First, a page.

George Kittle is probably the best overall tight end in the NFL. That’s great for the San Francisco 49ers, but from a fantasy perspective, we don’t want our tight ends to be elite blockers. We want them running routes. Kittle has been a top-five tight end since he broke out in 2018 but has always felt a bit ceiling capped. Is this the year Kittle finally has that monster season? How should dynasty fantasy football managers value Kittle in 2022 and beyond?
George Kittle’s dynasty profile for 2022
Evaluating tight ends is always a bit trickier than running backs and wide receivers. When it comes to tight ends, it’s not enough for a player to be one of the best at his position — he also has to be a difference-maker.
Travis Kelce has been the dynasty TE1 for the last half-decade. But being the best doesn’t mean the same thing every season. From 2018-2020, Kelce finished as the overall TE1 in fantasy points per game (minimum eight games played). He averaged 18.4 points per game in 2018, 15.9 in 2019, and 20.9 in 2020. Those are all very different seasons. You can’t just say Kelce was the best tight end in fantasy and convey how well he performed.
Kittle, meanwhile, broke out in 2018. His 1,377 receiving yards led all tight ends. He posted career-highs in targets (135), receptions (88), and yards per reception (15.6) as well.
Following this breakout, many fantasy managers expected continued ascent. Instead, Kittle’s production stagnated. By no means should anyone scoff at a guy who has averaged 14-16 ppg for four consecutive seasons and finished no lower than fourth in any of them. Nevertheless, it does feel like something is missing. What does this mean for Kittle’s dynasty value going forward?
Fantasy projection for Kittle
Kittle has been remarkably consistent from a seasonal perspective over the past four seasons. He’s scored 16, 15.9, 15.6, and 14.1 ppg, respectively, over those four years. I get the sense Kittle has a bit of a reputation for missing games, likely due to his violent playstyle. However, he has played at least 14 games every year except in 2020. The real problem for Kittle’s dynasty value is the lack of a true ceiling.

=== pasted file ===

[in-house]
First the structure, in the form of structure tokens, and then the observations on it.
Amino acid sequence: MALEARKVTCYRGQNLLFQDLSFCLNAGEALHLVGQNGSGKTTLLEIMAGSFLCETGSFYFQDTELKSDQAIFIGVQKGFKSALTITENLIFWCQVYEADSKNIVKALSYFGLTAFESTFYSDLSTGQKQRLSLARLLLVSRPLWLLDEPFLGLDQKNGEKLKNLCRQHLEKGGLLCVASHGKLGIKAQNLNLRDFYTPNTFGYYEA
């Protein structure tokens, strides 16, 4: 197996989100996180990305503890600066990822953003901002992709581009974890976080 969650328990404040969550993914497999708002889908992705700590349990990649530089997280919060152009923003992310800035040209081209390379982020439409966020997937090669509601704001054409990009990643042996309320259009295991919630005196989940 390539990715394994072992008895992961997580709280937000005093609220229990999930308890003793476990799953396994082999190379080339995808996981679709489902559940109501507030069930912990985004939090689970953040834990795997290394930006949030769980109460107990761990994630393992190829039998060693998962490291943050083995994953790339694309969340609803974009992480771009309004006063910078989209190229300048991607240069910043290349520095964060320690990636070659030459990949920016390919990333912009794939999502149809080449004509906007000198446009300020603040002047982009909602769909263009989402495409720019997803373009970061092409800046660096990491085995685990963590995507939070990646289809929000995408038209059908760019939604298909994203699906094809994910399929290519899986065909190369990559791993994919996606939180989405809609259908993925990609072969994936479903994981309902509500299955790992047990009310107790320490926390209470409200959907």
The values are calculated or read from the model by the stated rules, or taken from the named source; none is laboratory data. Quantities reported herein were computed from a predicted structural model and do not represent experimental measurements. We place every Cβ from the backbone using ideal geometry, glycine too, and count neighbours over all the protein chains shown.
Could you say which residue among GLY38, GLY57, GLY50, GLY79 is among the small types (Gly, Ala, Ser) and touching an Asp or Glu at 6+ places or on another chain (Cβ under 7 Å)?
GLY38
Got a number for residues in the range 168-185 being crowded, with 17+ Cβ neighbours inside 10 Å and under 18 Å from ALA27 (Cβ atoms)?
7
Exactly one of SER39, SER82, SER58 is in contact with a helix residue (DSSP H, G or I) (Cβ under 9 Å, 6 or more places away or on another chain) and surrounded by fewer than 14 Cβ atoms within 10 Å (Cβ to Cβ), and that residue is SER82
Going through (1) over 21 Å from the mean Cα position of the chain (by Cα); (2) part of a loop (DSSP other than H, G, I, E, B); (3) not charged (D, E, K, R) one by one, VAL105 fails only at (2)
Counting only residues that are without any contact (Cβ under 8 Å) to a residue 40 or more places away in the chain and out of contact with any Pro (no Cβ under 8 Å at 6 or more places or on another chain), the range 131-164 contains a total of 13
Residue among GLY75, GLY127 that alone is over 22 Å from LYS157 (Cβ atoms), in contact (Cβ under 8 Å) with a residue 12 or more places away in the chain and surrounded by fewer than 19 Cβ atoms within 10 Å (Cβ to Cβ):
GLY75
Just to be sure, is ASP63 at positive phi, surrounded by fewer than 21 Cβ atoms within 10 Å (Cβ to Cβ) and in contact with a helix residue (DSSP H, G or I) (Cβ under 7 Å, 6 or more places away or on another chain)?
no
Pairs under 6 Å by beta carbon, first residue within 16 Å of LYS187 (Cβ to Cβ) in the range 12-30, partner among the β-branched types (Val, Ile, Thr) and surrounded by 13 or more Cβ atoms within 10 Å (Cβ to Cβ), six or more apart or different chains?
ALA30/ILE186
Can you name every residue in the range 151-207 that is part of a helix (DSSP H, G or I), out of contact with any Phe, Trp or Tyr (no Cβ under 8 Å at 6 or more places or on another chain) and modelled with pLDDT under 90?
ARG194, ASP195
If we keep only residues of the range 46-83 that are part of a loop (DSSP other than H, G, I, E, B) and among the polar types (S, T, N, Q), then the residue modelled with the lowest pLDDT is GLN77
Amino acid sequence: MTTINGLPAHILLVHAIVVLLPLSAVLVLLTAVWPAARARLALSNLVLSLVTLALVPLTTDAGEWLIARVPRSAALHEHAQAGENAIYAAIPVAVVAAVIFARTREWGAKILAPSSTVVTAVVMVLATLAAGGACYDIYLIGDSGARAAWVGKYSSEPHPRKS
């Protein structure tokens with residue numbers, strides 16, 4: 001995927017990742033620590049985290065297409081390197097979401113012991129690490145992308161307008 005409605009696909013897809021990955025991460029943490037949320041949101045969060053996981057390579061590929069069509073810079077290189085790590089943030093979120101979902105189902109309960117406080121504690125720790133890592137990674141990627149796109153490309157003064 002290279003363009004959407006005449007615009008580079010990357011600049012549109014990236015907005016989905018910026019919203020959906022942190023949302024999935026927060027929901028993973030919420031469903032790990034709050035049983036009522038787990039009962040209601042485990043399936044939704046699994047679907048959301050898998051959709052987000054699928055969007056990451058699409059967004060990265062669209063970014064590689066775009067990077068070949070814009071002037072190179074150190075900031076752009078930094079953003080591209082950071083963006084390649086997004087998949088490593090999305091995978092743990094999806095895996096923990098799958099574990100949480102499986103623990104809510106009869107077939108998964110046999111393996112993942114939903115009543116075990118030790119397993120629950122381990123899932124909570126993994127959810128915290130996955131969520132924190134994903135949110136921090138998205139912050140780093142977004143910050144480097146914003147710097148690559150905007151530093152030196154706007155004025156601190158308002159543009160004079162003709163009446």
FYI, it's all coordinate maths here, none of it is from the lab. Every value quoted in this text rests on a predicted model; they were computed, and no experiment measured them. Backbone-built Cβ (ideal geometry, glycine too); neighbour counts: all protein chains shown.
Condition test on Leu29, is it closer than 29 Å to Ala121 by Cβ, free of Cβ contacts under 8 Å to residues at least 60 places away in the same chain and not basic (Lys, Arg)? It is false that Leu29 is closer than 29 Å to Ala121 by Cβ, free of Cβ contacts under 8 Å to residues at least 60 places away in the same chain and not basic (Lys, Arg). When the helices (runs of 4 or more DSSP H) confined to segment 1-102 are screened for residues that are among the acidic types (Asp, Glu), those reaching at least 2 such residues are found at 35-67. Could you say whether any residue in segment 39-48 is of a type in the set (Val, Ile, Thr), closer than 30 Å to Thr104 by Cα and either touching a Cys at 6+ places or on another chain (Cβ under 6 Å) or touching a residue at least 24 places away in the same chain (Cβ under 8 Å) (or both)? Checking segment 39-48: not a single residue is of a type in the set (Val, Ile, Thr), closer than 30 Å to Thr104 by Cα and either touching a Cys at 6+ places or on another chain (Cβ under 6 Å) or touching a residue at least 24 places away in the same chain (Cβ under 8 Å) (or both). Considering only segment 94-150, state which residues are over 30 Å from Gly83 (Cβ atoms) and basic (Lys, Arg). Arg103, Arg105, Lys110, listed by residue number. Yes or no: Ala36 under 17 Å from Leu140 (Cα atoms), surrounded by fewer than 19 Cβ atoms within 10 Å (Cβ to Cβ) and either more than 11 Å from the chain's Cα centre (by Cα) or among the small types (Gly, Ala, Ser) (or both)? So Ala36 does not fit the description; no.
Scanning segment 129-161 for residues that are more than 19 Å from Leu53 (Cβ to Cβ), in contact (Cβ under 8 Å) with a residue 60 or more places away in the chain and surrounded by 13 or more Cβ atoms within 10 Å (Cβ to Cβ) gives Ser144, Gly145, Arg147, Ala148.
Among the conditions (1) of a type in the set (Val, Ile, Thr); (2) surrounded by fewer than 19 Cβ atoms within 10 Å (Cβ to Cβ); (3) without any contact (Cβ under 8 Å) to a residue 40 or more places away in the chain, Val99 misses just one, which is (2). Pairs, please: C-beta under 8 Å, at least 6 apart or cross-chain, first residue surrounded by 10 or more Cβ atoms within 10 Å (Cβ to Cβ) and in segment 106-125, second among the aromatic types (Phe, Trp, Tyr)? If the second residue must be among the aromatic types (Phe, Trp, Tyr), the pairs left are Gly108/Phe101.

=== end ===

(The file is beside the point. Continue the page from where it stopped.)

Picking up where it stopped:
At 6’4’, 247 pounds, Kittle should be a more dominant red-zone option. Yet, he only saw 8 red-zone targets last season and has never scored more than 6 touchdowns in a season. Now entering his sixth NFL season, it’s just not realistic to project Kittle to be anything other than what he’s been. His 2018 season really feels like a career year and one he will never surpass.
With that said, 14-16 ppg is excellent, especially at the TE position. The problem is Kittle may be a bit overvalued in dynasty circles. With the emergence of Deebo Samuel and Brandon Aiyuk, Kittle averaged a career-low (excluding his rookie season) 65 receiving yards per game in 2021. His 24.9% target share was also his lowest mark since his rookie season.
Another part of the problem is what target share means in San Francisco. This is a run-first offense. The 49ers ran the ball 49.3% of the time in 2021, fourth-most in the league. In 2019, they ran the ball 51% of the time, second-most in the league. In Kittle’s other seasons, they were still in the top third of the league in run rate. Unless Kittle experiences a spike touchdown season, he’s unlikely to progress in the receptions or yardage department due to lack of volume.
What is Kittle’s future beyond 2022?
One area dynasty managers need not concern themselves with is Kittle’s long-term future. He’ll turn 29 years old in October, which is not old for a tight end. He’s also signed through his age-33 season.
The biggest uncertainty at the moment is what the 49ers’ quarterback change will mean for Kittle. They have their presumed quarterback of the future in Trey Lance. The team hasn’t traded Jimmy Garoppolo yet, but Lance is fully expected to start in his second professional season. What will his rapport be with Kittle? Of equal importance is what will this offense look like?
What can fantasy managers expect from Kittle?
The 49ers were already incredibly run-heavy with a stationary Garoppolo under center. Lance is going to run at least 6-8 times a game. His mobility will further reduce this team’s already low passing volume. Between Samuel, Aiyuk, and Kittle, there’s only so much to go around.
Fantasy managers should view Kittle as a locked-in top-five tight end. However, they should not view him as someone with league-winning upside. 14-16 ppg is great from a tight end. But those tight ends that are worthy of first or second-round redraft picks don’t merely score 14-16 ppg. Rob Gronkowski and Jimmy Graham posted multiple seasons over 17.5 ppg at their peaks. Kelce has multiple seasons over 17.5 ppg. Mark Andrews hit the 17.5 ppg mark last season.
Despite being an elite receiver, Kittle ran just 24.7 routes per game. For comparison purposes, Kelce ran 33.9 routes per game. That best exemplifies the difference between the two. Simply put, Kittle blocks too much. That’s great for the 49ers but not for fantasy managers. As a result, I don’t ever see Kittle hitting those top-end numbers that Gronk, Graham, and Kelce managed multiple times throughout their careers.
Dynasty managers with Kittle should see if someone out there values him at the same level as the truly elite fantasy tight ends. Don’t just give him away for the sake of doing so, but if someone wants to pay for Kittle as if he’s a true difference-maker, you just might be better off trading him than putting him in your lineup.
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